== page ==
Scientists and the Case of the Slimy Swimming Hole

There’s a chance that this summer you’ve headed to your favorite swimming hole or beach only to see a notice like this:



Water Unsafe for People and Pets

Such warning signs are often unnecessary. The change in the water’s color from clear or blue to brown, green, or red along with an accompanying bad smell is enough to make most swimmers think twice before diving in.

If this has happened to you then you may have the harmful algae bloom blues. Unfortunately, there’s no easy fix to the problem of harmful algae blooms (HABs). However, knowing what’s behind these water changes and what can be done about it can help take the edge off the disappointment – at least enough to formulate a new cooldown strategy. (Ice cream anyone?)

In most cases, the microscopic culprits of HABs are cyanobacteria, sometimes known as blue-green bacteria. Other possible offenders are dinoflagellates, diatoms, and other protozoans.

Cyanobacteria have existed for nearly three billion years. In fact, we may have them to thank for transforming earth to an oxygen-rich planet during the Great Oxygenation Event around 2.4 billion years ago. Today they are a fundamental part of many terrestrial and aquatic ecosystems, a promising resource for renewable energy, and in some cases a health food! However, some cyanobacteria also produce dangerous toxins that threaten human health.

If it’s any consolation, these toxins aren’t intended for us. Cyanobacteria create and release them to kill neighboring bacteria and give themselves a little more breathing room. Unfortunately, after 3 billion years of evolutionary tweaking, these compounds have become both diverse and potent. Some – such as Saxitoxin, Anatoxin-a, and beta-Methylamino-L-alanine – are among the most powerful natural poisons on earth!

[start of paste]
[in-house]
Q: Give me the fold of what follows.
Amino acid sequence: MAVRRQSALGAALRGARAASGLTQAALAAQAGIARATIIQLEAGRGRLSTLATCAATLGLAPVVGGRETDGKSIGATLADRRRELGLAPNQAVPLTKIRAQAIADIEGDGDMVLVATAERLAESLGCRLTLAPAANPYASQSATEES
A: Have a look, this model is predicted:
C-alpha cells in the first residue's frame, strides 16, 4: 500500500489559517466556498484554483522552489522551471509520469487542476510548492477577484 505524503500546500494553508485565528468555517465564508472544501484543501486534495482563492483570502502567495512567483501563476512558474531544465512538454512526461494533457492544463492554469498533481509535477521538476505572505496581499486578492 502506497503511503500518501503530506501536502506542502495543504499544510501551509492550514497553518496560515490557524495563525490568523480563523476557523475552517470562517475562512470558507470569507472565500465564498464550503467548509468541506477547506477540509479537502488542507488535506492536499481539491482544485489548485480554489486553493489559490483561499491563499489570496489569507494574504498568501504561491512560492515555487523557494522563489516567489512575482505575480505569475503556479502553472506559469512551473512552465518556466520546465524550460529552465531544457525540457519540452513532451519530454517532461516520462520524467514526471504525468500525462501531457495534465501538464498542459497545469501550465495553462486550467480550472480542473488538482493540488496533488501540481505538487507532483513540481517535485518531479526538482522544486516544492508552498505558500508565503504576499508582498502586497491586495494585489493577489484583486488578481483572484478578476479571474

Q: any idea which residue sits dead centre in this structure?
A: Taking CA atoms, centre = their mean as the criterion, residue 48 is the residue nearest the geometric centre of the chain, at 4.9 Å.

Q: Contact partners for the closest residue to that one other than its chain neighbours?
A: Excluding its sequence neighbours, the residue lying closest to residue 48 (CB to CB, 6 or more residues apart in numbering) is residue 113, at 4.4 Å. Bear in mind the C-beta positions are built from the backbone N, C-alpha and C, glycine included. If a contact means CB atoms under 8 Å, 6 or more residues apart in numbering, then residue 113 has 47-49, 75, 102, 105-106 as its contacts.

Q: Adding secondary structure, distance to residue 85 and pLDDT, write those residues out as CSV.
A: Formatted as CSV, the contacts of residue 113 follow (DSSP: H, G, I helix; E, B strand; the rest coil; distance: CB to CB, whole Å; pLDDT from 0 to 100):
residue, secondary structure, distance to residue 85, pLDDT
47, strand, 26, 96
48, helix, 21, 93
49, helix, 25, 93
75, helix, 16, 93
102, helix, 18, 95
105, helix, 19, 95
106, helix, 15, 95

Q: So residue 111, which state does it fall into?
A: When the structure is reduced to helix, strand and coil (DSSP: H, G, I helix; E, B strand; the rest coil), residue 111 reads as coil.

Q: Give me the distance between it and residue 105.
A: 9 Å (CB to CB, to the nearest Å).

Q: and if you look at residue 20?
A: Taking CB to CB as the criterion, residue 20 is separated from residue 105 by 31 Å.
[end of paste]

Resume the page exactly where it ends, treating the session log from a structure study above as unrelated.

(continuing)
Usually, these toxins are found at such low concentration levels that they pose no threat to anything larger than a single cell organism. However, when cyanobacteria populations suddenly surge in size the concentration of these chemicals also skyrocket. At these much higher concentrations, the water can become dangerous to drink or even touch for a prolonged time.

Swimming in or drinking water with a high concentration of cyanotoxins can cause skin rashes, swollen eyes, allergy-like symptoms, and stomach problems in humans. Repeated exposure may also cause permanent liver and neurological damage. For example, beta-Methylamino-L-alanine may be an environmental risk factor for Parkinson’s disease, Alzheimer’s disease, and ALS. Other animals – everything from fish to your faithful fido – risk similar health hazards if they come in contact with cyanotoxin contaminated waters. Consequently, HABs are both a public health concern and an environmental threat.

The bad news is that algae blooms are on the rise. In some areas, they are becoming as predictable a summer event as fourth of July fireworks. They’re also appearing in new water bodies at a rapid rate. It’s important to note that most blooms are non-toxic (ABs rather than HABs). However, the number of HABs is also increasing. This is because many lakes, rivers, and oceans are becoming perfect cyanobacteria habitats.